published studies. All trace minerals are

low in mare’s milk and is believed to be one

of the genetic components of DOD. It is

now possible to monitor a mare’s milk, on a

monthly basis, by analyzing it and comparing

it to Table 9.

Newborn Foals


(1-3 Months)


(4-6 Months)

Dry Matter intake, % body wt* 1.5-2.0 1.5-2.0 2.5-3.5 2.0-3.0

Crude Protein, % 8.50 11.50 15.00 13.00

Calcium, % .30 .53 .70 .50

Phosphorus, % .21 .35 .43 .28

Potassium, % .40 .50 .80 .60

Magnesium, % .10 .12 .15 .12

Sodium, %** .14 .14 .20 .16

Copper, ppm 15 25 25 25

Iron, ppm 40 80 80 80

Manganese, ppm 40 60 60 60

Zinc, ppm 40 70 70 70

Cobalt, ppm .10 .20 .30 .20

Iodine, ppm .15 .25 .35 .25

Selenium, ppm .15 .20 .30 .20

Vitamin A, IU/lb 900 900 900 900

Vitamin E, IU/lb 23 36 36 36

Thiamine, mg/lb 1.3 1.3 1.3 1.3

Riboflavin, mg/lb 0.9 0.9 0.9 0.9

*Feed intake is determined by: Body capacity, RFV of forage, physiological status, activity level and environment.

**Under average conditions .35% to .50% Salt (NaCl) is recommended in the total diet.

Needed Digestible Energy, Mcal/Day, is determined by: Body size, metabolic rate, reproductive status, dry matter

consumption and Body Condition Score.

At birth, normal size foals should weigh

between ten and 12 percent of the mare’s

body weight. For example, foals from a

18 T h e A m e r i c a n H a n o v e r i a n

Table 9: Mare’s Milk Nutrient Composition by Week, on a Dry Matter (top) and As Fed Basis (bottom)

Dry Matter Basis

% Total






1,300 lb. mare should weigh between 130

and 150 lbs at birth. Maiden mare foals

should weigh between eight and ten percent

of their body weight.

Within the first hour after birth, the foal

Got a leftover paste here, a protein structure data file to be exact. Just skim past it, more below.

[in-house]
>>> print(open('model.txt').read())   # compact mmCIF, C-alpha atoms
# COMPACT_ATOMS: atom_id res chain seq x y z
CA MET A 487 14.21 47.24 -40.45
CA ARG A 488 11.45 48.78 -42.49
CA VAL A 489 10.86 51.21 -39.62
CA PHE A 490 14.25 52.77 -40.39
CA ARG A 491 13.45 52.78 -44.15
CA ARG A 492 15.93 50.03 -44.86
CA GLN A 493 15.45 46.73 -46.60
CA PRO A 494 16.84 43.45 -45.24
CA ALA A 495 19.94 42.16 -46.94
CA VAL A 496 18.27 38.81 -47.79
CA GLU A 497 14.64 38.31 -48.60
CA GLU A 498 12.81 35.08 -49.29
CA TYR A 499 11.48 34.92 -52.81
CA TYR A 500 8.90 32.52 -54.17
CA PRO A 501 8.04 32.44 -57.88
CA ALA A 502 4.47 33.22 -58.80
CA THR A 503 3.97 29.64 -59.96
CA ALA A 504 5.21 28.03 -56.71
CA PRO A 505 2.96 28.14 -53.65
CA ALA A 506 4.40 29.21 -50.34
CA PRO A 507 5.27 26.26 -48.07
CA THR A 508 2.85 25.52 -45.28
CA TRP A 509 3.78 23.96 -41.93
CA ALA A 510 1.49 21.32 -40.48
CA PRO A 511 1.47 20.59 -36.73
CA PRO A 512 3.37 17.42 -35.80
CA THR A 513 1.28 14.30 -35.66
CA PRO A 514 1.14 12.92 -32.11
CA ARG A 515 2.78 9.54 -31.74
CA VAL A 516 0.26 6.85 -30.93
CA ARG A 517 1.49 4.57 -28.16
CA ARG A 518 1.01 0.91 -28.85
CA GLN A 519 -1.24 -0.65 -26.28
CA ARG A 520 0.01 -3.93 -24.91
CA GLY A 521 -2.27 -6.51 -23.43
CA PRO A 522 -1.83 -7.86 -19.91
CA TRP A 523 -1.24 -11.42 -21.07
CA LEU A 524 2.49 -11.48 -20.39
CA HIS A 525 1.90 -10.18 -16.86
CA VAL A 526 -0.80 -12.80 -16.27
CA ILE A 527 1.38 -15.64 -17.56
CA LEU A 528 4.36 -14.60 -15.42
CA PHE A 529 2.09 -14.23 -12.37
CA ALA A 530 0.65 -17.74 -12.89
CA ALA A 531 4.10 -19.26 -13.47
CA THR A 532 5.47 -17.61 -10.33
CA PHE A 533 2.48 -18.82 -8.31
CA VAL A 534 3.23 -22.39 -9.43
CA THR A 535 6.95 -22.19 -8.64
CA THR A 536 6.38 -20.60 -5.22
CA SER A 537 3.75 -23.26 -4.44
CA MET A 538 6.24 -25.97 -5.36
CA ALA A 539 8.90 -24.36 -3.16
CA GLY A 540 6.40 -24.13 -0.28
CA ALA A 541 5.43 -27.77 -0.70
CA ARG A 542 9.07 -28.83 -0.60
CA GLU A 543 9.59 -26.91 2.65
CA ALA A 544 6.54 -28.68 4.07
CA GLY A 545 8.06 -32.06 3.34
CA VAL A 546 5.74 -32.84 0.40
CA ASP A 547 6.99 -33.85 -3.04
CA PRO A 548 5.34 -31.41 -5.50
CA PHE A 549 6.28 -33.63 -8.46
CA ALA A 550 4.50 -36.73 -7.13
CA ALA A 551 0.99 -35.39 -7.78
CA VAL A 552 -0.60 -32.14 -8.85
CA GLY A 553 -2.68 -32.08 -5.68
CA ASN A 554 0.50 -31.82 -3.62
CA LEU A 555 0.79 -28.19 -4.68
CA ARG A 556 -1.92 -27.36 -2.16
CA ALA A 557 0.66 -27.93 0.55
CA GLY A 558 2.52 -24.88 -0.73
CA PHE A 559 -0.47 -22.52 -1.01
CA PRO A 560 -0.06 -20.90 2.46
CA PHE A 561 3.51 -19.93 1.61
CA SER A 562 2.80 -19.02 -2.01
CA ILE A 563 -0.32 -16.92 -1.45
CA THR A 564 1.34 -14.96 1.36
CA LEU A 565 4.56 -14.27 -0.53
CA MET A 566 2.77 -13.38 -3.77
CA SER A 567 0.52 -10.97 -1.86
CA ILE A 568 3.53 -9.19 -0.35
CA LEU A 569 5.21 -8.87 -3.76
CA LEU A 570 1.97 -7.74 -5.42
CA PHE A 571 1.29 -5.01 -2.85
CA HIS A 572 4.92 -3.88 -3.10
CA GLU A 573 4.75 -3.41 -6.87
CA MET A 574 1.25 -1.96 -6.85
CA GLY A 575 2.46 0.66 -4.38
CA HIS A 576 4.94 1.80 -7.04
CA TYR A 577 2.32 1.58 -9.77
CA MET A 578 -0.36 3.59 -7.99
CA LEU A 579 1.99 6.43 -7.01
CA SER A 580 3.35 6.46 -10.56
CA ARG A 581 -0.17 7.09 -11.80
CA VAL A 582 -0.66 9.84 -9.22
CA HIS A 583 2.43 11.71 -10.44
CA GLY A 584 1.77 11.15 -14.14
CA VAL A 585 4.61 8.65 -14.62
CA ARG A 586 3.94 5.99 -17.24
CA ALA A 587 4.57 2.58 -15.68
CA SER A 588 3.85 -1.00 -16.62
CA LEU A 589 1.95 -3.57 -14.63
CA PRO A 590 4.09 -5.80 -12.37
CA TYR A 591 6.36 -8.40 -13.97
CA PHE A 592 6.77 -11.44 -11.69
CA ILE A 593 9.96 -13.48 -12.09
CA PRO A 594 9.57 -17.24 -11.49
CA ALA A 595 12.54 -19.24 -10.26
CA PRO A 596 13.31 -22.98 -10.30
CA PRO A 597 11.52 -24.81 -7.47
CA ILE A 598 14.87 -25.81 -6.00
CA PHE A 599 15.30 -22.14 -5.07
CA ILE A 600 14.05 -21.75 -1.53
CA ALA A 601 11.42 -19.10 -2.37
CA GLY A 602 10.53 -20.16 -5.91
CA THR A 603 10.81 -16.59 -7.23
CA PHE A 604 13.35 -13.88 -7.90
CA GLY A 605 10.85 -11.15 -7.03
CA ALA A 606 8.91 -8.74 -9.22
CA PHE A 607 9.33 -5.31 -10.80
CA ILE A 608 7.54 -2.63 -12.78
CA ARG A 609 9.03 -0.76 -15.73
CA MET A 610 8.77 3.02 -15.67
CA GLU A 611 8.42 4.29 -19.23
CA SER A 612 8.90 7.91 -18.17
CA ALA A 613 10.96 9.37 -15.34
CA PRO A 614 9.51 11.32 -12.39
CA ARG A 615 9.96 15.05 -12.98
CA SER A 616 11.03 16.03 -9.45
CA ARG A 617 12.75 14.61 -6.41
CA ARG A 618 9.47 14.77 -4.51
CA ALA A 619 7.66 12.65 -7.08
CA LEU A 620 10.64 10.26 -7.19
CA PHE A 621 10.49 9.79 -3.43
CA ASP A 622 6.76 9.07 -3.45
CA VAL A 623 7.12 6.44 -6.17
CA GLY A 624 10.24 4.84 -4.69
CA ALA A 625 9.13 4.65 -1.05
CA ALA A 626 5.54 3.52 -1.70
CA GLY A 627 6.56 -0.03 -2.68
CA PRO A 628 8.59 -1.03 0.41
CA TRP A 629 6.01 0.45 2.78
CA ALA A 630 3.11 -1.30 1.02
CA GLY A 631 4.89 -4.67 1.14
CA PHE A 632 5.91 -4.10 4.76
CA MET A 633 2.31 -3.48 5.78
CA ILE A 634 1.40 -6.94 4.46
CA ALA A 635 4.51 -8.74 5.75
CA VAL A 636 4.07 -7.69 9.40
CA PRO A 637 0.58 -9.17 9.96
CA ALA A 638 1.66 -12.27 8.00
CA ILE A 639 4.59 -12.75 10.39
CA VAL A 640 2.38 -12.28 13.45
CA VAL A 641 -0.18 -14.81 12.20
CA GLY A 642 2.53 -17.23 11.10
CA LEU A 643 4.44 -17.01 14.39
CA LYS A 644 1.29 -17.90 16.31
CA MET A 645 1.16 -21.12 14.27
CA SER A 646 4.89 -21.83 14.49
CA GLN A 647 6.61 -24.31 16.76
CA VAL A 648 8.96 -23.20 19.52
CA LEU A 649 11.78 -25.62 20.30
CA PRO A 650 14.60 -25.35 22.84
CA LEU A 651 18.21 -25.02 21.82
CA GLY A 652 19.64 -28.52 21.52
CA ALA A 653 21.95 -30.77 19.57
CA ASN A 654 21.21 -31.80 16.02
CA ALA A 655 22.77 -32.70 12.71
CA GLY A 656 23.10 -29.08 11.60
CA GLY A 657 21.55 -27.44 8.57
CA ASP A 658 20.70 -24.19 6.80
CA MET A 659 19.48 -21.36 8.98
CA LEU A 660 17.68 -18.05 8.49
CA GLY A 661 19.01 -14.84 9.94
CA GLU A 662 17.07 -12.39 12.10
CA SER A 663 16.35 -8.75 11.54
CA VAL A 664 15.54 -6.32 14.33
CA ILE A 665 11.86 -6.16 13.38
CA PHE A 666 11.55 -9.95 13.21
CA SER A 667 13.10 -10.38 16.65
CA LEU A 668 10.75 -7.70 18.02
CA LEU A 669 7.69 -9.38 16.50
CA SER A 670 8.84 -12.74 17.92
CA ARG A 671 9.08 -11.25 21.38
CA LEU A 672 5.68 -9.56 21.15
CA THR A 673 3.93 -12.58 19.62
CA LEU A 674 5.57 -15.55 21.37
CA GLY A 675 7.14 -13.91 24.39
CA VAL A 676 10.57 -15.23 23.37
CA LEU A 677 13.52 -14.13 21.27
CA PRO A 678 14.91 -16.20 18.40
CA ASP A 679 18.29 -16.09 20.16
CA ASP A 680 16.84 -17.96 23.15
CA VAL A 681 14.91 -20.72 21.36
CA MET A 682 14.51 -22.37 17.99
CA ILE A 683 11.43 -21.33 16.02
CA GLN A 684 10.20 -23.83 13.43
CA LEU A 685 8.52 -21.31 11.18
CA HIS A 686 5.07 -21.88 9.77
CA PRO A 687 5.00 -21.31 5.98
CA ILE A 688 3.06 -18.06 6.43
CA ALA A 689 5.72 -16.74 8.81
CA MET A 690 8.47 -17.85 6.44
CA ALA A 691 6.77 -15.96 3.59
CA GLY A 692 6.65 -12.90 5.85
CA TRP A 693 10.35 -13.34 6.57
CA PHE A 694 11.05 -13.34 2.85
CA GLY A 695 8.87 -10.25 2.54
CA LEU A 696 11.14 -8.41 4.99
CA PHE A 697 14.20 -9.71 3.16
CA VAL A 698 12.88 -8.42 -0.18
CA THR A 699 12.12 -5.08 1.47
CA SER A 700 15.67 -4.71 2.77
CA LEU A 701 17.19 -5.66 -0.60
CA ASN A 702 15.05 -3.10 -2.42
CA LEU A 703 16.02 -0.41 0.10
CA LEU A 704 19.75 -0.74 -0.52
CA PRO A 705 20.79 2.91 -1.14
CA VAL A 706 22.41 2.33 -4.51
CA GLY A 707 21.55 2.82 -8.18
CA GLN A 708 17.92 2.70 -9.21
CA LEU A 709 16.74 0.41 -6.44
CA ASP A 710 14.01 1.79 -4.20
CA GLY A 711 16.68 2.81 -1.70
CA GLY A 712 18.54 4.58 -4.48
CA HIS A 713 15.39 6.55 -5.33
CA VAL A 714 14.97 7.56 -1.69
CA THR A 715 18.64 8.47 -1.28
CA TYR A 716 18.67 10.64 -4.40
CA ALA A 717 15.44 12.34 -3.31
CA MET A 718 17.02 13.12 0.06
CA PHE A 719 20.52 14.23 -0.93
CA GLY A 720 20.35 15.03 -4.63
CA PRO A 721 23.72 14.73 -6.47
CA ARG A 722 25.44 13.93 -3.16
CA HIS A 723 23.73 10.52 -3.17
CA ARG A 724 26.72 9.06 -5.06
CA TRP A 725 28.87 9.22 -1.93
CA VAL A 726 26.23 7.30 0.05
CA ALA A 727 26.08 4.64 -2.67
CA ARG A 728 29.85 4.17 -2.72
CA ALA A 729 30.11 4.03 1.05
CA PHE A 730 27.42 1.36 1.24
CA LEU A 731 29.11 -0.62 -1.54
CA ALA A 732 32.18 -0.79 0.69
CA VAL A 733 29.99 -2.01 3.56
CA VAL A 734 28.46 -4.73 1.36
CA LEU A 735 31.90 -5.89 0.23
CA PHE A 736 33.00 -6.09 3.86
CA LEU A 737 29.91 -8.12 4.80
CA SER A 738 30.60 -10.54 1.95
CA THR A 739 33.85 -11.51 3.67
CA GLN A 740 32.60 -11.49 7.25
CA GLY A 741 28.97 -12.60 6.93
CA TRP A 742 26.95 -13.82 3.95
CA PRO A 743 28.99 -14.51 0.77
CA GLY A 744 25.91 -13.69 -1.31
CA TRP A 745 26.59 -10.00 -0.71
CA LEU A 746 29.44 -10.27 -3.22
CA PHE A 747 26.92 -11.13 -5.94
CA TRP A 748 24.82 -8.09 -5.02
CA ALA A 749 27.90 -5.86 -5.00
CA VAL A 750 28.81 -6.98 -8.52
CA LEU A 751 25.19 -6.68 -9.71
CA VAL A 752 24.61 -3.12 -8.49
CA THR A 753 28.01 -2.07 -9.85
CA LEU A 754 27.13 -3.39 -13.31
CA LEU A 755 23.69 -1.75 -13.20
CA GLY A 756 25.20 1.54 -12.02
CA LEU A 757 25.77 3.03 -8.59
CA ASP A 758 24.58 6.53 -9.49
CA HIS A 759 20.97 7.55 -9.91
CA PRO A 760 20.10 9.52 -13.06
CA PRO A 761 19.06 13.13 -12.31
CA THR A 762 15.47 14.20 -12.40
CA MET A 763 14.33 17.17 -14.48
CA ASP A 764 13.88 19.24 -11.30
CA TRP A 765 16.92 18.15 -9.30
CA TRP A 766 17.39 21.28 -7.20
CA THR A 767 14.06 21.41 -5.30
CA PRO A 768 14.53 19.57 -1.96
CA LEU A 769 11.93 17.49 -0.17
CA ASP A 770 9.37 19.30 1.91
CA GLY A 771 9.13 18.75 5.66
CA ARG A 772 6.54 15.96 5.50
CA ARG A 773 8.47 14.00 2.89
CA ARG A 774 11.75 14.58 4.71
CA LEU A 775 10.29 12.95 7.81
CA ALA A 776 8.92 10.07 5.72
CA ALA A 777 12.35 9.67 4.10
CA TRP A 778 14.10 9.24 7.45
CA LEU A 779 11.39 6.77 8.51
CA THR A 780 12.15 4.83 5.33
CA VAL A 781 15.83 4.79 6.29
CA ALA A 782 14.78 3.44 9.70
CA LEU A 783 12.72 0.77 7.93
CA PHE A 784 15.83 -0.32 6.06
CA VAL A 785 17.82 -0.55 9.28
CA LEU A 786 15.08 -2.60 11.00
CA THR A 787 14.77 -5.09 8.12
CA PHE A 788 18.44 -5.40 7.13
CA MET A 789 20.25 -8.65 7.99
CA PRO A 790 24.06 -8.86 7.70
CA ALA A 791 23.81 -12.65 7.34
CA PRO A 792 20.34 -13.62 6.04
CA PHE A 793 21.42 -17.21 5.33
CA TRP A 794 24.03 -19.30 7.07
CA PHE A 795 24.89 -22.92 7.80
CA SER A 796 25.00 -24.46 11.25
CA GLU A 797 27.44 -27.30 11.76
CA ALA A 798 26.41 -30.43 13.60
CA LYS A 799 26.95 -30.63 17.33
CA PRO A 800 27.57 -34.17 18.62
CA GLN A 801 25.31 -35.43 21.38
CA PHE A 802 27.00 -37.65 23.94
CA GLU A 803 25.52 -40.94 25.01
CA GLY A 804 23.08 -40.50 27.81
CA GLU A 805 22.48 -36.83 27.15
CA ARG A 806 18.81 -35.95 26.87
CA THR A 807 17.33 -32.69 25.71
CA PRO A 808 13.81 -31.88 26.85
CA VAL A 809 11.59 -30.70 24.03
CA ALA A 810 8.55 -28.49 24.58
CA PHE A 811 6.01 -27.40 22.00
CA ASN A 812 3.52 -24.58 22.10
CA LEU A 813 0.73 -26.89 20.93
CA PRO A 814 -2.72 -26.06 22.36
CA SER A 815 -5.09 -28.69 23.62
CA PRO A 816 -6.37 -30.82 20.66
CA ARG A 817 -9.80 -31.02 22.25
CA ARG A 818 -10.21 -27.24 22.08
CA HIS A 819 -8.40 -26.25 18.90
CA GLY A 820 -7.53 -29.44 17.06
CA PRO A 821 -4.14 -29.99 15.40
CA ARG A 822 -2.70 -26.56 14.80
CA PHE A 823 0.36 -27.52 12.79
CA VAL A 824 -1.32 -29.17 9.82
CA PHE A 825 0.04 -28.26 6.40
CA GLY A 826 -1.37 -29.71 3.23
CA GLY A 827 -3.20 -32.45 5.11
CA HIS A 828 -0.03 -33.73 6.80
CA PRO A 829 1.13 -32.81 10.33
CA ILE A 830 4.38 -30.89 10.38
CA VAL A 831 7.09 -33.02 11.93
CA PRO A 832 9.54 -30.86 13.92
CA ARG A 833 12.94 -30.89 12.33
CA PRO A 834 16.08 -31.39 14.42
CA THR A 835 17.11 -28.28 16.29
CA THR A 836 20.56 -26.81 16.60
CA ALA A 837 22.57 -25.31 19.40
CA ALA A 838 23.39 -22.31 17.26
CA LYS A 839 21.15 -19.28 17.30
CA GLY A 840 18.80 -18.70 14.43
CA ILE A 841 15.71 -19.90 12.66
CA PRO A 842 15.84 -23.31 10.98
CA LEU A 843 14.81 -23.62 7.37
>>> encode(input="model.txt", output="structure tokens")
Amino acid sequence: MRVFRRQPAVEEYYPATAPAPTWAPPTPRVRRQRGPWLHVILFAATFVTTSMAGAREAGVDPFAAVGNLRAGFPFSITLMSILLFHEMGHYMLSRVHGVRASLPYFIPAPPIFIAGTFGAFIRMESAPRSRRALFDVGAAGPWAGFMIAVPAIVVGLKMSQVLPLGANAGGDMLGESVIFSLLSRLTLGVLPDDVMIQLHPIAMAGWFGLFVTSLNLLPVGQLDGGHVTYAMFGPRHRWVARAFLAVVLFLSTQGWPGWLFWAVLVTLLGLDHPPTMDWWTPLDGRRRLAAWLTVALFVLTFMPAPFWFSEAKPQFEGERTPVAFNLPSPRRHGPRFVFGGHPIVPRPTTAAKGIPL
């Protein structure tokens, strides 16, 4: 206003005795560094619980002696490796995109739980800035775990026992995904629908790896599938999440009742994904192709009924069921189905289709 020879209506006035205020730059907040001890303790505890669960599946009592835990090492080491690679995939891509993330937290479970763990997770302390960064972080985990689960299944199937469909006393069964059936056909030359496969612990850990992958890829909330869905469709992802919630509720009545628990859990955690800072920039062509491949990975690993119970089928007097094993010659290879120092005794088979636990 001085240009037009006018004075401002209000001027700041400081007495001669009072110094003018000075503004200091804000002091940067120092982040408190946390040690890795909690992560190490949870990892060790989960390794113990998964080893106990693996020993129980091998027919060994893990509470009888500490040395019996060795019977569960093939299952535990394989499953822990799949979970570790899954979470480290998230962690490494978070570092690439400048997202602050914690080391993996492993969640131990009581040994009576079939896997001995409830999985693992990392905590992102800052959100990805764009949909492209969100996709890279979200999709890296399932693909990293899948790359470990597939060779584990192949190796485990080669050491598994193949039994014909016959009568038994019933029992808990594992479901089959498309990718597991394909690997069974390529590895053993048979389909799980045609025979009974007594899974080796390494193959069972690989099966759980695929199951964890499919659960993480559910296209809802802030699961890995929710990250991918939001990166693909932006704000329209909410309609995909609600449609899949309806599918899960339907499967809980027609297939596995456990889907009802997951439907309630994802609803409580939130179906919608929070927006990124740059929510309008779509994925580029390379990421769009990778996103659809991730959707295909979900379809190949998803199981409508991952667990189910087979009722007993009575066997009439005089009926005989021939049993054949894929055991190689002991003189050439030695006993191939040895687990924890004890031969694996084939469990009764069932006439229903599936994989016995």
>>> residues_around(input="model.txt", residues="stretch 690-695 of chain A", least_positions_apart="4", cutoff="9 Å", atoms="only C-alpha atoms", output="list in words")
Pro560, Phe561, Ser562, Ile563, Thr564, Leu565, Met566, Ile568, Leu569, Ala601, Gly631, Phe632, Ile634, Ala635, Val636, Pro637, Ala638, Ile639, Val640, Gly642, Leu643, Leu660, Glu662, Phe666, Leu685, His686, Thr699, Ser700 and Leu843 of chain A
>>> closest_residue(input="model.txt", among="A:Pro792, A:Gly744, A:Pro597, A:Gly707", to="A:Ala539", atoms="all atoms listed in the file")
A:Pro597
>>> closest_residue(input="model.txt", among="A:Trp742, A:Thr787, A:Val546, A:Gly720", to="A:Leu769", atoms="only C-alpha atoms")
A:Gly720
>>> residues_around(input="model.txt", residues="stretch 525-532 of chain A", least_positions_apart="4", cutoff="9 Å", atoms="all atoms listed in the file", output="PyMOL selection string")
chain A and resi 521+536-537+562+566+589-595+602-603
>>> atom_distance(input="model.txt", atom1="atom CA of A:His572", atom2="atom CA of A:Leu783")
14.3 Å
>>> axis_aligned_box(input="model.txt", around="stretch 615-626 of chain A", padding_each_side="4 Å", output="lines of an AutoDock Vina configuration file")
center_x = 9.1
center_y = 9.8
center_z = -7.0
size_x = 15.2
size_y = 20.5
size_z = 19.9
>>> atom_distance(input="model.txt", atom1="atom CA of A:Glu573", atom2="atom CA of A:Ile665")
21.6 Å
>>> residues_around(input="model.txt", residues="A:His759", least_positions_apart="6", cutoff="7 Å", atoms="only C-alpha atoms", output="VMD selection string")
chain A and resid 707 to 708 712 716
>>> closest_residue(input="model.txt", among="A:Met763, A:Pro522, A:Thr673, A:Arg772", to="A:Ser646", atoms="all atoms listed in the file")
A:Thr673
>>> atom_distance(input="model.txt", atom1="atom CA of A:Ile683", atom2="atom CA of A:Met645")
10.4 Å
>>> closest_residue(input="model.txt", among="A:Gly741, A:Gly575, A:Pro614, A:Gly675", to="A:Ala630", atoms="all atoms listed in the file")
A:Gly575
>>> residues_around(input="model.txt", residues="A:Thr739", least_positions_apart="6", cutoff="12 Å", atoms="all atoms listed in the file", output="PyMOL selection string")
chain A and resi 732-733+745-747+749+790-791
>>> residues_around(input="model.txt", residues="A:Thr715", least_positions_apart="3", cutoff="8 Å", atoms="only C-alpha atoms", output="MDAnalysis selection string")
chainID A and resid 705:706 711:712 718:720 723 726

should begin to receive colostrum. A 100 lb

foal should receive 250 ml (about one cup)

of colostrum each hour for the first six hours

after birth. That means that every breeding

farm should have at least 1500 ml of frozen

colostrum in their freezer, just in case.

Bacterial exposure to the “open gut” of the

newborn foal is considered the mechanism

for septicemia, the leading cause of death

in neonatal foals. The “open gut” will allow

the foal to absorb immunoglobulins, such as

IgG, IgM, IgE and IgA, from the colostrum,

but it also allows the absorption of harmful

pathogens from the environment. Dr. John

Madigan at the University of California-

Davis, stated that early (rapid) gut closure

may be equivalent to or more important

than simply serum IgG in the preventing

neonatal bacterial infection.

The average foal will drink seven to ten

times per hour for the first 30 days of age.

(Remember this if you have an orphan or

rejected foal) This readily available food

source is necessary to support thermoregulation

and growth.

The Suckling’s Digestive System



During every foal’s first four months there

are rapid growth and digestive changes. To

achieve each foal’s genetic potential, we

must provide a feed to complement their




Ash (b)















mg/kgIron c

Birth ------ 536 75.79 2.78 18.25 2.86 0.34 .16 .19 .45 .21 3.93 25.40 5.20

12 hrs. ------ 557 33.04 20.87 41.74 4.35 0.68 .35 .12 .84 .32 7.22 24.40 8.26

24 hrs. ------ 544 28.95 21.93 45.61 4.65 0.85 .39 .10 .74 .30 6.40 31.60 9.21

1 - 4 wk ------ 542 25.23 16.82 57.94 4.91 1.12 .68 .08 .65 .21 4.21 23.36 7.99

5 - 8 wk ------ 505 20.95 16.19 60.95 3.81 0.95 .57 .06 .48 .18 2.48 19.05 6.29

9 - 12 wk ------ 500 18.00 14.00 65.00 3.00 0.80 .50 .05 .40 .15 2.00 18.00 4.90

As Fed Basis

Birth b 25.2 135 19.1 0.7 4.6 .72 .085 .039 .0473 .11 .052 .99 6.4 1.31

12 hrs b 11.5 64 3.8 2.4 4.8 .50 .078 .040 .0138 .10 .036 .83 2.8 .095

24 hrs b 11.4 62 3.3 2.5 5.2 .53 .097 .044 .0110 .08 .034 .73 3.6 1.05

1-4 wk a 10.7 58 2.7 1.8 6.2 .53 .120 .073 .0090 .07 .023 .45 2.5 0.86

5-8 wk a 10.5 53 2.2 1.7 6.4 .40 .100 .060 .0060 .05 .019 .26 2.0 0.66

9-21 wk a 10.0 50 1.8 1.4 6.5 .30 .080 .050 .0045 .04 .015 .20 1.8 0.49

a NRC 1989, Nutrient Requirements of Horses, Summary pg. 95